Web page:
by Michael Bastach
An attorney and junk science blogger uncovered emails suggesting lobbyists and Environmental Protection Agency (EPA) officials coordinated on an effort to preserve regulations on used truck engine manufacturers.
“The purpose, of course, was to embarrass and intimidate the Trump EPA into aborting the rollback of the Obama EPA rule,” JunkScience.com publisher Steve Milloy (pictured) told The Daily Caller News Foundation.
Through a Freedom of Information Act (FOIA) request, Milloy obtained emails between two lobbyists at Volvo Group North America, and high-ranking officials in Ann Arbor, Mich., where EPA’s vehicle emissions testing lab is located.
“The emails show that Volvo lobbyists were working to supplying EPA staff with glider trucks so that rogue EPA staff could dishonestly ‘test’ glider emissions and issue a damning report that could be waved about at a public hearing on the proposed rule rollback,” Milloy said.
Volvo opposes repealing regulations on glider kits — new truck bodies that use refurbished engines and are substantially cheaper to buy than trucks with new engines. Volvo and other truck engine makers joined environmentalists in lobbying the Obama administration to regulate glider kits in 2016.
The Trump administration EPA is working towards repealing the glider kit rule, but bureaucratic delays have slowed the repeal process. Milloy said the emails he uncovered show career EPA officials colluded with business interests to thwart the repeal effort.
“Based on my research, I believe that the reason Volvo trucks and the rest of the new truck industry fears gliders is that honest and real world tests of gliders versus new trucks would show that gliders perform comparably well if not better than new trucks in terms of emissions,” Milloy said.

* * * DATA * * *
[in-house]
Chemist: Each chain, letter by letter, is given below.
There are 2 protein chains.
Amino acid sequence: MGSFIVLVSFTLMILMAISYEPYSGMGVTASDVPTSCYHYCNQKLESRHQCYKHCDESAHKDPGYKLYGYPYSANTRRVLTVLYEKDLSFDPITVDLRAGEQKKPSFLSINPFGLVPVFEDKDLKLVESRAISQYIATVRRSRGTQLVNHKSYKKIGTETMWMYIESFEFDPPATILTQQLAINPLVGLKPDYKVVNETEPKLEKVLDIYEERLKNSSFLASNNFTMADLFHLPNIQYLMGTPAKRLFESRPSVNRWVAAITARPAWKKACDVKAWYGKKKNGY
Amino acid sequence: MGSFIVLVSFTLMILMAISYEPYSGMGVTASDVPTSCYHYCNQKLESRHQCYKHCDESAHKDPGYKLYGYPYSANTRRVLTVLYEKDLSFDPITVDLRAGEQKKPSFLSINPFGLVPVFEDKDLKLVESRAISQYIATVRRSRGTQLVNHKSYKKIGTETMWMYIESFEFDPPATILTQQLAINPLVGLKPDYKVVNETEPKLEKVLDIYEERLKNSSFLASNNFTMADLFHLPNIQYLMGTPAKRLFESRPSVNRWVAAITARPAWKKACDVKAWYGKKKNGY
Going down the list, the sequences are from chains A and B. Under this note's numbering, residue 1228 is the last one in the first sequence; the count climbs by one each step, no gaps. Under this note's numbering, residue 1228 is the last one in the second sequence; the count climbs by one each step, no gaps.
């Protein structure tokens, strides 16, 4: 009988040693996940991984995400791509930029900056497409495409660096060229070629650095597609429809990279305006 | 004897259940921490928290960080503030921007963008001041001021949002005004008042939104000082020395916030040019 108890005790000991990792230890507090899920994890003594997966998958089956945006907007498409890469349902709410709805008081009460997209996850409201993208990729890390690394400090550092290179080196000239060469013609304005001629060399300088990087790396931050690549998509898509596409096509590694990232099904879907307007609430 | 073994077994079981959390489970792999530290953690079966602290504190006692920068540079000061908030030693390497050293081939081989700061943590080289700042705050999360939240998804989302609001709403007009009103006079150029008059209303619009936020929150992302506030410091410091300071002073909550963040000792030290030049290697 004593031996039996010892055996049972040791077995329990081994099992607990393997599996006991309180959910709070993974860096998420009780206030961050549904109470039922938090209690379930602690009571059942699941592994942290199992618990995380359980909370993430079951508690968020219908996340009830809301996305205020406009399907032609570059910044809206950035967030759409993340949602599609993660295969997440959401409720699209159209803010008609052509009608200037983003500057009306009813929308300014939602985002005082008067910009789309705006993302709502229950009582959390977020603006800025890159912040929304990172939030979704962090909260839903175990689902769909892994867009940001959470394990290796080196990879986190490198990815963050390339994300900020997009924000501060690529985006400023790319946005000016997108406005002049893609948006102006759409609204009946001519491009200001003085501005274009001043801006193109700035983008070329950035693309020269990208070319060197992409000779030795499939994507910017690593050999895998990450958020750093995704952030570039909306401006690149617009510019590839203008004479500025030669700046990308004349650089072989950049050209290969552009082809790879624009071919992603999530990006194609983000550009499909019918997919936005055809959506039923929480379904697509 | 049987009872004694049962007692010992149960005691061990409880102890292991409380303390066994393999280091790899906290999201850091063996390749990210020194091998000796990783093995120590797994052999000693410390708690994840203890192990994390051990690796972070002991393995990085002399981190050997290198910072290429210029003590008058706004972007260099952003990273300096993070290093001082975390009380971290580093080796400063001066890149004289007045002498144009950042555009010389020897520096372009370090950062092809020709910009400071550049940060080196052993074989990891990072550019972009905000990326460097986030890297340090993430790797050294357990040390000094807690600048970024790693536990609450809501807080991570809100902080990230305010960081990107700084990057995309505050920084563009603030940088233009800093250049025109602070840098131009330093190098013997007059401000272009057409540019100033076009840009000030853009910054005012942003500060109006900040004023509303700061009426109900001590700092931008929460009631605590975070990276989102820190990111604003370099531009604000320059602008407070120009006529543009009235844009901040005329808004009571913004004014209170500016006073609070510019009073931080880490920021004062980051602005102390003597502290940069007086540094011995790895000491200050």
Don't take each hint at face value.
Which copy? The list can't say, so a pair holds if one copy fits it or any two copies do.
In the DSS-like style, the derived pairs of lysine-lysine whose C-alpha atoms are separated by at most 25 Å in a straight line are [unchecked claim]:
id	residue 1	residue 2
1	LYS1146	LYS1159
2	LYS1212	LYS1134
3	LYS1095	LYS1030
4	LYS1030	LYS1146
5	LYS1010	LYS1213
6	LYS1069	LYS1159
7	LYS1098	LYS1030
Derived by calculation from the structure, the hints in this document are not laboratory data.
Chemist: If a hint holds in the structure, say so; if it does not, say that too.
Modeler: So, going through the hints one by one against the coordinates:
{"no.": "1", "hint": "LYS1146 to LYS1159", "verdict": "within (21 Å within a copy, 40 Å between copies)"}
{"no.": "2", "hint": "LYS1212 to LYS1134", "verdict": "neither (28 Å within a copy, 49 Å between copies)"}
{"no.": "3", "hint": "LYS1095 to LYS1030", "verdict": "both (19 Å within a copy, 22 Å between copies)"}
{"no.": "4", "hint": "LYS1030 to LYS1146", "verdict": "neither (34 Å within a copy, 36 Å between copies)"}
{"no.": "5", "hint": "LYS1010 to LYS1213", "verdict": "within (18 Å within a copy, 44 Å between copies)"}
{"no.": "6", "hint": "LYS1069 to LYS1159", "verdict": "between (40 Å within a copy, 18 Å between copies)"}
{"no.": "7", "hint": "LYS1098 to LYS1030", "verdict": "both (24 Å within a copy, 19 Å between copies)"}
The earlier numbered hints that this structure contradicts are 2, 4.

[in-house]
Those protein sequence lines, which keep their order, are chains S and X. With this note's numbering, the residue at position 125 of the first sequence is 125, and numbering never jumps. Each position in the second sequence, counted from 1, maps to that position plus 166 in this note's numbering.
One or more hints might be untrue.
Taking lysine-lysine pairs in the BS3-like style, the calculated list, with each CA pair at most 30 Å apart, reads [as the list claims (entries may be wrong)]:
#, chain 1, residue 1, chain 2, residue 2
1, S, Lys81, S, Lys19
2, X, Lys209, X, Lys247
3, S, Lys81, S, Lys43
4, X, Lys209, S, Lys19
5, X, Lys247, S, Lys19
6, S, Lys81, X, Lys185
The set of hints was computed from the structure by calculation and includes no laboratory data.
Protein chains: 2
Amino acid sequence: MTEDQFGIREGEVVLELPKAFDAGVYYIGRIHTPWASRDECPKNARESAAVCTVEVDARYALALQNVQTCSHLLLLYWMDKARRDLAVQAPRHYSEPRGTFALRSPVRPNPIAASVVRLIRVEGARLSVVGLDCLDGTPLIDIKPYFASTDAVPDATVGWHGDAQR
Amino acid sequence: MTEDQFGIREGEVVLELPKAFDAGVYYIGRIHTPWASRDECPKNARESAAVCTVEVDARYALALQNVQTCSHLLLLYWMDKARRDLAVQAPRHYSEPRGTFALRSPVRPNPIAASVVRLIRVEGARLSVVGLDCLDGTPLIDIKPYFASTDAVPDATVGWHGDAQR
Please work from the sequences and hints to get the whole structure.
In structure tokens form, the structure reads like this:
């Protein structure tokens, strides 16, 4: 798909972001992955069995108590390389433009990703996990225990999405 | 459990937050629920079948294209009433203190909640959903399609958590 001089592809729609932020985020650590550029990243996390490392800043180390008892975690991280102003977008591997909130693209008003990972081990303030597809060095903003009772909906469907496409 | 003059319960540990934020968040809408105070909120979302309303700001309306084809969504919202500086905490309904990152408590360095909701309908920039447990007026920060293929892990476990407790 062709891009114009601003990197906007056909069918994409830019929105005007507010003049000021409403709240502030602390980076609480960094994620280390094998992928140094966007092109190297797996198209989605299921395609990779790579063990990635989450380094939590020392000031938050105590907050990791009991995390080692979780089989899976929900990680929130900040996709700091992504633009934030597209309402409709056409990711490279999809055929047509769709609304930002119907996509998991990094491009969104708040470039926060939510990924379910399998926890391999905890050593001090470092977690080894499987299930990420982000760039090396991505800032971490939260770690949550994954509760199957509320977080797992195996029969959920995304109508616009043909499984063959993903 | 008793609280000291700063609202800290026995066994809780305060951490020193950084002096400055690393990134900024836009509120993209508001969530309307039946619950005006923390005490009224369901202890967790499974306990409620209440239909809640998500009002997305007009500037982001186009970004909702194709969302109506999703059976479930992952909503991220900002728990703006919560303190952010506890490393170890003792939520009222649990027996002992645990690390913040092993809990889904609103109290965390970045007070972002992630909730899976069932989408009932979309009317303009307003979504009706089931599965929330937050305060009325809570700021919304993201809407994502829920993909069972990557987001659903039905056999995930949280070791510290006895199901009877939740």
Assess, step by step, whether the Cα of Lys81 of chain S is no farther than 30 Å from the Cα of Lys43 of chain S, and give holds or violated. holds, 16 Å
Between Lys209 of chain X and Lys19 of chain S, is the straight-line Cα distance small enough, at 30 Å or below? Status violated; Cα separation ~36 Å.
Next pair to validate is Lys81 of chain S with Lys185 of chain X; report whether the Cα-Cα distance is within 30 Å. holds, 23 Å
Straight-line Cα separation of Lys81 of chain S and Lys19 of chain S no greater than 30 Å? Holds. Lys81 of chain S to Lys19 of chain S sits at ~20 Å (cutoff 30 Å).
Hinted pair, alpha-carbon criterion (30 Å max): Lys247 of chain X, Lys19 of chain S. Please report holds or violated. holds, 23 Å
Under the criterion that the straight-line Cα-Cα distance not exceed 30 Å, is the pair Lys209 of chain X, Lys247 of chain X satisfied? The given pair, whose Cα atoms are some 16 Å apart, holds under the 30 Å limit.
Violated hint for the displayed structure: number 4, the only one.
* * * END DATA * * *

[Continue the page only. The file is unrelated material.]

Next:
“This would expose the new truck industry as an illegal cartel pushing evermore stringent emissions regulations so they can force customers to buy evermore expensive engines,” Milloy said.
The emails concern a study put out by EPA officials in late 2017, showing that glider kits emitted much more pollution than new engines. However, the study bore no official EPA markings, was never peer-reviewed and was done without the knowledge of senior staff in D.C.
EPA never released the study, but somehow Volvo lobbyist Susan Alt obtained a copy of the research findings, which she touted during a December 2017 public hearing on EPA’s proposal to repeal regulations on glider kits.
Volvo and other opponents of repealing regulations that limit glider kit manufacturing also held up the study as evidence repealing the glider rule would increase pollution, endangering public health.
However, emails show that Steve Berry, director of regulatory affairs at Volvo Group North America, coordinated with EPA official Angela Cullen on obtaining glider engines for the mysterious agency study glider kit opponents have held up to push back against repealing regulations.
EPA tested two glider engines for its 2017 study — both of which were procured with help from Berry, emails show. The Volvo lobbyist got helped EPA obtain two re-manufactured engines from Fitzgerald, a leading glider kit manufacturer.
Volvo’s Alt also turned up in Milloy’s FOIA request, sending an October 2017 email to William Charmley, EPA director of assessment & standards division, that had letters from dealerships on “the pervasiveness of [g]lider sales across America.” Alt’s email included a letter to EPA Administrator Scott Pruitt and another that “even lists some of the companies they have lost sales to gliders [sic].”
Neither Charmely nor Cullen responded to TheDCNF’s request for comment, including questions about why they did not contact Fitzgerald to obtain a refurbished engine to test. Berry also did not respond to a request for comment.
Fitzgerald petitioned the Trump administration last year to repeal regulations on their industry put in place by the Obama administration. Cash-strapped companies turned to cheaper glider kits in recent years that are about 25 percent cheaper than trucks with new engines.
The Obama administration, however, wanted to end what they saw as a loophole in the Clean Air Act that allowed used engines to be sold without having to comply with current regulations.
Obama-era regulations forced Fitzgerald to cut glider kit production from 3,000 units to 300 units by the end of the year. The company announced a third-round of layoffs in mid-June.
EPA did not respond to TheDCNF’s request for comment. Volvo Group North America did not respond to TheDCNF either.
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